Functional IOS imaging of animal models has revealed fast IOS response which occurs almost immediately in the outer retina, i.e. retinal photoreceptors, and delayed IOS changes were also observed in the inner retina with elongated stimulus period  or repeated flicker stimuli . Depth-resolved OCT has revealed the OS, which is the center of phototransduction, as the anatomic origin of fast photoreceptor-IOS [32,34,35]. Following studies support that fast photoreceptor-IOS is tightly correlated with the activation phase of phototransduction [36–38]. Previous ERG studies have disclosed abnormalities of phototransduction activation in AMD [39–41], DR [7,42,43], and RP [44–46]. Therefore, the fast photoreceptor-IOS imaging promises a new method for early detection of photoreceptor dysfunction in retinal diseases. However, in vivo IOS imaging of photoreceptor dysfunctions is not yet demonstrated. In vivo verification of fast photoreceptor-IOS distortions in diseased animal models and understanding the pathological mechanism of IOS abnormalities are essential to pave the way toward pursuing clinical deployments of objective ORG of retinal photoreceptors.
In this study, longitudinal in vivo OCT-IOS imaging of wild-type (WT) and retinal degeneration 10 (rd10) mice was conducted to validate ORG detection of photoreceptor dysfunction. Comparative ERG measurement was implemented to characterize the physiological source of fast photoreceptor-IOS. Histological examinations with both light microscopy and electron microscopy were also performed to explore the pathological mechanism of the photoreceptor-IOS distortion caused by retinal degeneration.
Rd10 (homozygous for the PDE6Brd10on C57BL/6J background; The Jackson Laboratory, Bar Harbor, ME) was used as a retinal degeneration model, and C57BL/6J (The Jackson Laboratory, Bar Harbor, ME) was used as a control WT model. Rd10 mice exhibit progressive retinal degeneration beginning at around postnatal day (P) 16 at which retinal neurovascular development is in progress [47,48]. Concurrent OCT-IOS imaging and ERG measurements were conducted at P14, P17, P21, and P28. All animal experiments adhered to the ARVO Statement for the Use of Animals in Ophthalmic and Vision Research and were performed following the protocols approved by the Animal Care Committee at the University of Illinois at Chicago.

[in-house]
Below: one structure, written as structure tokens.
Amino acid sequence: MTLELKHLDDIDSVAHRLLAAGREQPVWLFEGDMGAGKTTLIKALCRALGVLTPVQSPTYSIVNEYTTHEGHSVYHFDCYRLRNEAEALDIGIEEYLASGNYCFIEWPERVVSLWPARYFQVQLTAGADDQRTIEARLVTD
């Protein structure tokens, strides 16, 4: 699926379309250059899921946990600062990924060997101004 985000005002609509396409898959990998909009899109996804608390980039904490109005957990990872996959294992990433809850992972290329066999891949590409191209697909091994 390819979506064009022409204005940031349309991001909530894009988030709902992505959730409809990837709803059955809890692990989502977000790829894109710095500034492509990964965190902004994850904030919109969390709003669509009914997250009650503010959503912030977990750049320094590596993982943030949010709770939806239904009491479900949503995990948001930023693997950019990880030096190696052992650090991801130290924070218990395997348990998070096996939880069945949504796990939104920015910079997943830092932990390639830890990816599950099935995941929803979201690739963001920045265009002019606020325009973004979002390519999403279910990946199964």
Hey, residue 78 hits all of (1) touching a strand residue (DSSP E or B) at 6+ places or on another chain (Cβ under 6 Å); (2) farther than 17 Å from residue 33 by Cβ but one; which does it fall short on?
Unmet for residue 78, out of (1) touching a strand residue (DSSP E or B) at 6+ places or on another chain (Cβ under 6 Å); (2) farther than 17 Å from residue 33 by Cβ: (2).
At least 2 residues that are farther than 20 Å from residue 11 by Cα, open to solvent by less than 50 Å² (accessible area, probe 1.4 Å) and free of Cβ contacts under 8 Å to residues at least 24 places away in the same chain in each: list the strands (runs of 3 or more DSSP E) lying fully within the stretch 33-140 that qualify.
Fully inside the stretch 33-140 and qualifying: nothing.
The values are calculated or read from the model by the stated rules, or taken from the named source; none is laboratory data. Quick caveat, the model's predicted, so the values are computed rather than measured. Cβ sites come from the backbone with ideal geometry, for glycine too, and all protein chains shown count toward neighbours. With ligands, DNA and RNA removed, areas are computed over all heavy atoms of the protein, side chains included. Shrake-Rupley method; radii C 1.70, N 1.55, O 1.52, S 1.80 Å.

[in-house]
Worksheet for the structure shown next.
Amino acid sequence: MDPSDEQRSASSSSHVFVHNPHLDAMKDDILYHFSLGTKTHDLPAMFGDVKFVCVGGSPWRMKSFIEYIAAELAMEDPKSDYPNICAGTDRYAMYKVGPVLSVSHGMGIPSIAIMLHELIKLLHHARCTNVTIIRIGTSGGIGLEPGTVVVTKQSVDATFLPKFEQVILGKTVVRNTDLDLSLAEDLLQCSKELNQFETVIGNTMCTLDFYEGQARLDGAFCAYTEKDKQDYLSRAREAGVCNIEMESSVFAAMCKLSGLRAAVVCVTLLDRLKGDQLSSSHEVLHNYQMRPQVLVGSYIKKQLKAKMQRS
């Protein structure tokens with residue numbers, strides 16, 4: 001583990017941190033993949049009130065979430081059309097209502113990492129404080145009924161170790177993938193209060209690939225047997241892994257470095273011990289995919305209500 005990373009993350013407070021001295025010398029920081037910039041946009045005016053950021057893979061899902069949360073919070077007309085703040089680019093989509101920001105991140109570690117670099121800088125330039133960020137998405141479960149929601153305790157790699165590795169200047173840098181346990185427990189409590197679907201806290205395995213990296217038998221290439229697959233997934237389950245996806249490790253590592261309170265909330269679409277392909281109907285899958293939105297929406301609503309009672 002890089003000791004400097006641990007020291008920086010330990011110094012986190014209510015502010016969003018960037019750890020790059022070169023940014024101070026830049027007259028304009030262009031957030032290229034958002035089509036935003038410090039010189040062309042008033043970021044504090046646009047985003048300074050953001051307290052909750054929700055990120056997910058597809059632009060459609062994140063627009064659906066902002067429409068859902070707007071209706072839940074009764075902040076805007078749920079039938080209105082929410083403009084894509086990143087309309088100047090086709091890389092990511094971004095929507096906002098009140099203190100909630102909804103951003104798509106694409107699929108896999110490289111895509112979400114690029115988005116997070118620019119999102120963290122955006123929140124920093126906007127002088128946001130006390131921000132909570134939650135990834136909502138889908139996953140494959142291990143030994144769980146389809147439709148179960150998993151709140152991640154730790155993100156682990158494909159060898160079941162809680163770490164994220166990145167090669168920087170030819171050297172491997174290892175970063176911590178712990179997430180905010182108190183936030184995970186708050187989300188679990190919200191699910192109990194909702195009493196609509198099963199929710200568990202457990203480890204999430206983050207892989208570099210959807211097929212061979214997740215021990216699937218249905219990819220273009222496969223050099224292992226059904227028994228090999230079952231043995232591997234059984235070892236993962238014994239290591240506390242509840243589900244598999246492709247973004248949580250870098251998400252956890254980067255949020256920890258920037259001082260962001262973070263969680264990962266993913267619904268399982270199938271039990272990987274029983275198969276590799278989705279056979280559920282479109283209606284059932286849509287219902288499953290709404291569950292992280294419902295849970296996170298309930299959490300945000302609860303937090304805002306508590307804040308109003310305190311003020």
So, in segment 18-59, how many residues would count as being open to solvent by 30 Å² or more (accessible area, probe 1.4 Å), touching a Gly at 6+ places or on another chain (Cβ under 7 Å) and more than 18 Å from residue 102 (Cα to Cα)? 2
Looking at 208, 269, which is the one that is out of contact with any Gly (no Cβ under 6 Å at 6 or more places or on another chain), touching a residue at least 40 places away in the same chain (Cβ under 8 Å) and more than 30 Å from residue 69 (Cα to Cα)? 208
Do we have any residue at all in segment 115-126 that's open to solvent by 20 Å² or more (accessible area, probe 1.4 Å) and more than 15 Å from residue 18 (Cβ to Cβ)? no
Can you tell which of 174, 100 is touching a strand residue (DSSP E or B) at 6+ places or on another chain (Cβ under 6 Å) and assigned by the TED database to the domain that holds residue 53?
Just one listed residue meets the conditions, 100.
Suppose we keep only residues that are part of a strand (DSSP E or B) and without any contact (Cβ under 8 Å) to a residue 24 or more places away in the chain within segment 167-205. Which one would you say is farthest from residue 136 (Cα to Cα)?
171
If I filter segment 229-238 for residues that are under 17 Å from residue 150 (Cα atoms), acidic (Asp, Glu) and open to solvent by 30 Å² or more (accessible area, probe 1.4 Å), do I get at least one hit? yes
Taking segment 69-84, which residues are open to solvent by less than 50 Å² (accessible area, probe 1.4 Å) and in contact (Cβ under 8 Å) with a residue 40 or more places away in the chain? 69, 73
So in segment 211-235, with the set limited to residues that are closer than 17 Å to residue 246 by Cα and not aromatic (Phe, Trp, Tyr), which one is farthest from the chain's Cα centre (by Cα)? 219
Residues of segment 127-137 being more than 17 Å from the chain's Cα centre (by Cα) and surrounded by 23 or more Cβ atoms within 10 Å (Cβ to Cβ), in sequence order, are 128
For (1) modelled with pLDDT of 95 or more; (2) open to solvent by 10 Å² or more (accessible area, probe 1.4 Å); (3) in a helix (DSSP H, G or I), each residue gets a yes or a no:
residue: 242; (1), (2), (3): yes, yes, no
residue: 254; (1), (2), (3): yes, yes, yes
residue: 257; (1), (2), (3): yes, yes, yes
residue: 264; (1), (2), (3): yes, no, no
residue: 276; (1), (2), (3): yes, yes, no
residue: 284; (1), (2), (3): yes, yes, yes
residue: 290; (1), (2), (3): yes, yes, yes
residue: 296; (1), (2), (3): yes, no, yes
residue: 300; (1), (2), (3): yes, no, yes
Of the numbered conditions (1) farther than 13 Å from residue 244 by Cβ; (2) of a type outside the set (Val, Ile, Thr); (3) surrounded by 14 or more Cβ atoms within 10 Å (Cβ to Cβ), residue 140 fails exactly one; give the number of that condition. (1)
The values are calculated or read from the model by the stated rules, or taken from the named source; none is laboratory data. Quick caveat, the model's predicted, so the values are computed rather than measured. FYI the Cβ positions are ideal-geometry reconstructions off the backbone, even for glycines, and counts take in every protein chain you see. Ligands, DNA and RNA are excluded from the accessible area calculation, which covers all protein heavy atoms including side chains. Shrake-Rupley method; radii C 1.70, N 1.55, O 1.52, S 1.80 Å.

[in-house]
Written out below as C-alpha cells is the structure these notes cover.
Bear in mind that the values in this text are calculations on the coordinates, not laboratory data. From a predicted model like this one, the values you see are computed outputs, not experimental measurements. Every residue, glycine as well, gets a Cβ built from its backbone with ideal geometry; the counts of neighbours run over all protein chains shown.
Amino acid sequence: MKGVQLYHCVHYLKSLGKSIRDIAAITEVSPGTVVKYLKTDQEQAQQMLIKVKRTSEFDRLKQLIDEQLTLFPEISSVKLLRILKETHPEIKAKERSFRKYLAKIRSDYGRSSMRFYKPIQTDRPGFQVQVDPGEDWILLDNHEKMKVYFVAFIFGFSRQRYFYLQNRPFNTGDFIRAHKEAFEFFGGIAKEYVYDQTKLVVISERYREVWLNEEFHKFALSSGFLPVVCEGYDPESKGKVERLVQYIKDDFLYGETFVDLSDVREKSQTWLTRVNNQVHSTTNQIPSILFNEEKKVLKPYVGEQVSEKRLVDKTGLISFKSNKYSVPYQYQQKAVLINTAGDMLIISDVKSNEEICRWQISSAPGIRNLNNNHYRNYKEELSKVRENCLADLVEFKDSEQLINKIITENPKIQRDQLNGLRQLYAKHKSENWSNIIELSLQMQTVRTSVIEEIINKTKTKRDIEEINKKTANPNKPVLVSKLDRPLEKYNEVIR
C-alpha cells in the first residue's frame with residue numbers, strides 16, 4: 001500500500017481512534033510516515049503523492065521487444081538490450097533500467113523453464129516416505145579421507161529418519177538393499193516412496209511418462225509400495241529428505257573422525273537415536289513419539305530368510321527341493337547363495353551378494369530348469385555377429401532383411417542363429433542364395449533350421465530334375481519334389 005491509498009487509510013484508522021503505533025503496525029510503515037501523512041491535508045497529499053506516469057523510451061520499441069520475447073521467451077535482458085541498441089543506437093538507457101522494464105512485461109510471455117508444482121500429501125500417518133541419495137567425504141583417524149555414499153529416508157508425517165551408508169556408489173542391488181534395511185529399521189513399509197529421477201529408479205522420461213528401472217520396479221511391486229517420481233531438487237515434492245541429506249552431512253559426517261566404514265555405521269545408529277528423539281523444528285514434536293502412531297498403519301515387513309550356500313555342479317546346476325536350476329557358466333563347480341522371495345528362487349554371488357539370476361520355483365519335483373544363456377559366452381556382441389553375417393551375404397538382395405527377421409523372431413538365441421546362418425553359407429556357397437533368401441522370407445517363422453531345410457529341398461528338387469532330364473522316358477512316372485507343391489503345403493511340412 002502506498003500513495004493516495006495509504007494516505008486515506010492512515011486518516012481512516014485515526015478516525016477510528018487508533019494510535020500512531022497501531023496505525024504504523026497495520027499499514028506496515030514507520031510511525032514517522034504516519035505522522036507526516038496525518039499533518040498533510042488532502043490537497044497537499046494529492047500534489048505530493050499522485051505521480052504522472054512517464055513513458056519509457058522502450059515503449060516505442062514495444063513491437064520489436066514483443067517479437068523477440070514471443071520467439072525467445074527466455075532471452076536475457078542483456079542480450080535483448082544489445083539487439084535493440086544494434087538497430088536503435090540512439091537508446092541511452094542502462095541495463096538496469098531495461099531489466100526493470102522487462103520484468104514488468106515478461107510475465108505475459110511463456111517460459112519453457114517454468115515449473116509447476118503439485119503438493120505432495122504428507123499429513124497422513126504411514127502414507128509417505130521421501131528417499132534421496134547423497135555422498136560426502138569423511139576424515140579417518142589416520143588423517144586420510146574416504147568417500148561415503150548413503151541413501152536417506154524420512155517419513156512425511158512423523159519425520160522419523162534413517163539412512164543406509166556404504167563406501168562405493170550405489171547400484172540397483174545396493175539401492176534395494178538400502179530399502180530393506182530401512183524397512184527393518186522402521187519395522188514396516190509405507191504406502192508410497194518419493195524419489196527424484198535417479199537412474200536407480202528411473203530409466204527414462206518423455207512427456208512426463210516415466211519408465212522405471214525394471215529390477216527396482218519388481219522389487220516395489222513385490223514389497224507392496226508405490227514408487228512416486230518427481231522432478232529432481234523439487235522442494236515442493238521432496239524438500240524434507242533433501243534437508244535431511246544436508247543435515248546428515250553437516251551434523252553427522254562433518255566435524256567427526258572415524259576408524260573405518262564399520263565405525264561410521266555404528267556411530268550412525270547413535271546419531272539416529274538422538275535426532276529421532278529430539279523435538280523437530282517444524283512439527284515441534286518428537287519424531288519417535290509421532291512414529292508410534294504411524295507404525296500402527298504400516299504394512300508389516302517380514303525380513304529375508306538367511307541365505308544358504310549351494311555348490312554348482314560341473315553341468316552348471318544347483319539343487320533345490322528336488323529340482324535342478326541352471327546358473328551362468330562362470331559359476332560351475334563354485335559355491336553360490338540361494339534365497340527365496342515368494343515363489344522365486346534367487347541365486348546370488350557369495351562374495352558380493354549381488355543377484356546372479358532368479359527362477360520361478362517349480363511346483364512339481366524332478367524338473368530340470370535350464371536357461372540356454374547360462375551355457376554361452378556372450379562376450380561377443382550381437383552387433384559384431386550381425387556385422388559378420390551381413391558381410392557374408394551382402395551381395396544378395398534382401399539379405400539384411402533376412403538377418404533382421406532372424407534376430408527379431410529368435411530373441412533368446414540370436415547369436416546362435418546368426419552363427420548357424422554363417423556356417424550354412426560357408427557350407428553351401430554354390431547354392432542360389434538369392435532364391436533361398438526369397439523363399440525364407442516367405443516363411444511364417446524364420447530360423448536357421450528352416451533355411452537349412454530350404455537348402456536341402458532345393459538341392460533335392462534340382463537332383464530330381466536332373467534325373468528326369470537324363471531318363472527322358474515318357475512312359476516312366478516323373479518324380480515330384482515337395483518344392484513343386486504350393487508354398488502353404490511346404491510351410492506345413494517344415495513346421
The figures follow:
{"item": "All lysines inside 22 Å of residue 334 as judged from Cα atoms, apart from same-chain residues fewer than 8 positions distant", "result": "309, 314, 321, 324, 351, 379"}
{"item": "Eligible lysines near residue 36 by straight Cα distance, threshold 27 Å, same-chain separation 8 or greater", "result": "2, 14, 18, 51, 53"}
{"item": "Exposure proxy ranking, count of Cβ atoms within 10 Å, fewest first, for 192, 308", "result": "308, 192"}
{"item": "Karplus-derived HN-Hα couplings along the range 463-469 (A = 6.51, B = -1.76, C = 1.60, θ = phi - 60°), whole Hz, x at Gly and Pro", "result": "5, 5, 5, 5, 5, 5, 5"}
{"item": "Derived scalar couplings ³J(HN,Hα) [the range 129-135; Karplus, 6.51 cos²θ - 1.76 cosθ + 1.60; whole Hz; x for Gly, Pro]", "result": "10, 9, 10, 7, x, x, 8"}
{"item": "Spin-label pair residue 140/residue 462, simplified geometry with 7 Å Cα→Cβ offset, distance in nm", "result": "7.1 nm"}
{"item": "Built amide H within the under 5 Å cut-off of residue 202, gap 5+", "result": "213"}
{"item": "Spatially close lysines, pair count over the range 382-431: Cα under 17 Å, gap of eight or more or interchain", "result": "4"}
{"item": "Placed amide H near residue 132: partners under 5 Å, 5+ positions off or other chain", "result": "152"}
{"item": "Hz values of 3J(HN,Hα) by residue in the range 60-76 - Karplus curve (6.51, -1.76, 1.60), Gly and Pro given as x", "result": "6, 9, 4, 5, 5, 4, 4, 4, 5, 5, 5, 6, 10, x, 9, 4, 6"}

2.2 Experimental setup
A custom-built functional OCT was employed for in vivo retinal IOS imaging. A NIR superluminescent diode (SLD; λ = 850 nm; Δλ = 100 nm; D-840-HP-I, Superlum Diodes Ltd., Ireland) was used as the OCT light source. Both lateral and axial resolutions were estimated at 3 µm, and 70-kHz A-scan rate was achieved by a linear camera (EV71YEM4CL2014-BA9, Teledyne e2v, England). The linear camera was connected to a frame grabber (PCIe-1429, 680 MB/s bandwidth, National Instruments, Austin, TX) and triggered by a data acquisition board (PCIe-6351, 1.25 MS/s sampling rate, National Instruments, Austin, TX), which also sends trigger output to a galvanometer scanning mirror (GVS001, Thorlabs, Newton, NJ) and a LED driver (LEDD1B, Thorlabs, Newton, NJ) for synchronization. The ERG recording system was also integrated with the OCT system. A silver wire was bent into a circle and placed in contact with the cornea, serving as an active electrode. Another silver electrode was twisted around the bite bar and was in contact with the oral cavity, serving as a reference electrode. The ERG was amplified 1000x and filtered (pass-band: 1 Hz to 10 kHz) using a bioelectronic amplifier (DAM50, World Precision Instruments, Sarasota, FL) and then sampled by the PCIe-6351 data acquisition board. Data acquisition, real-time imaging preview, and system control were done by a custom-designed LabVIEW program (LabVIEW 2013, National Instruments, Austin, TX). Image reconstruction and data processing were done by MATLAB (MATLAB R2016a, MathWorks, Natick, MA). Details of the OCT system are also described in a previous study .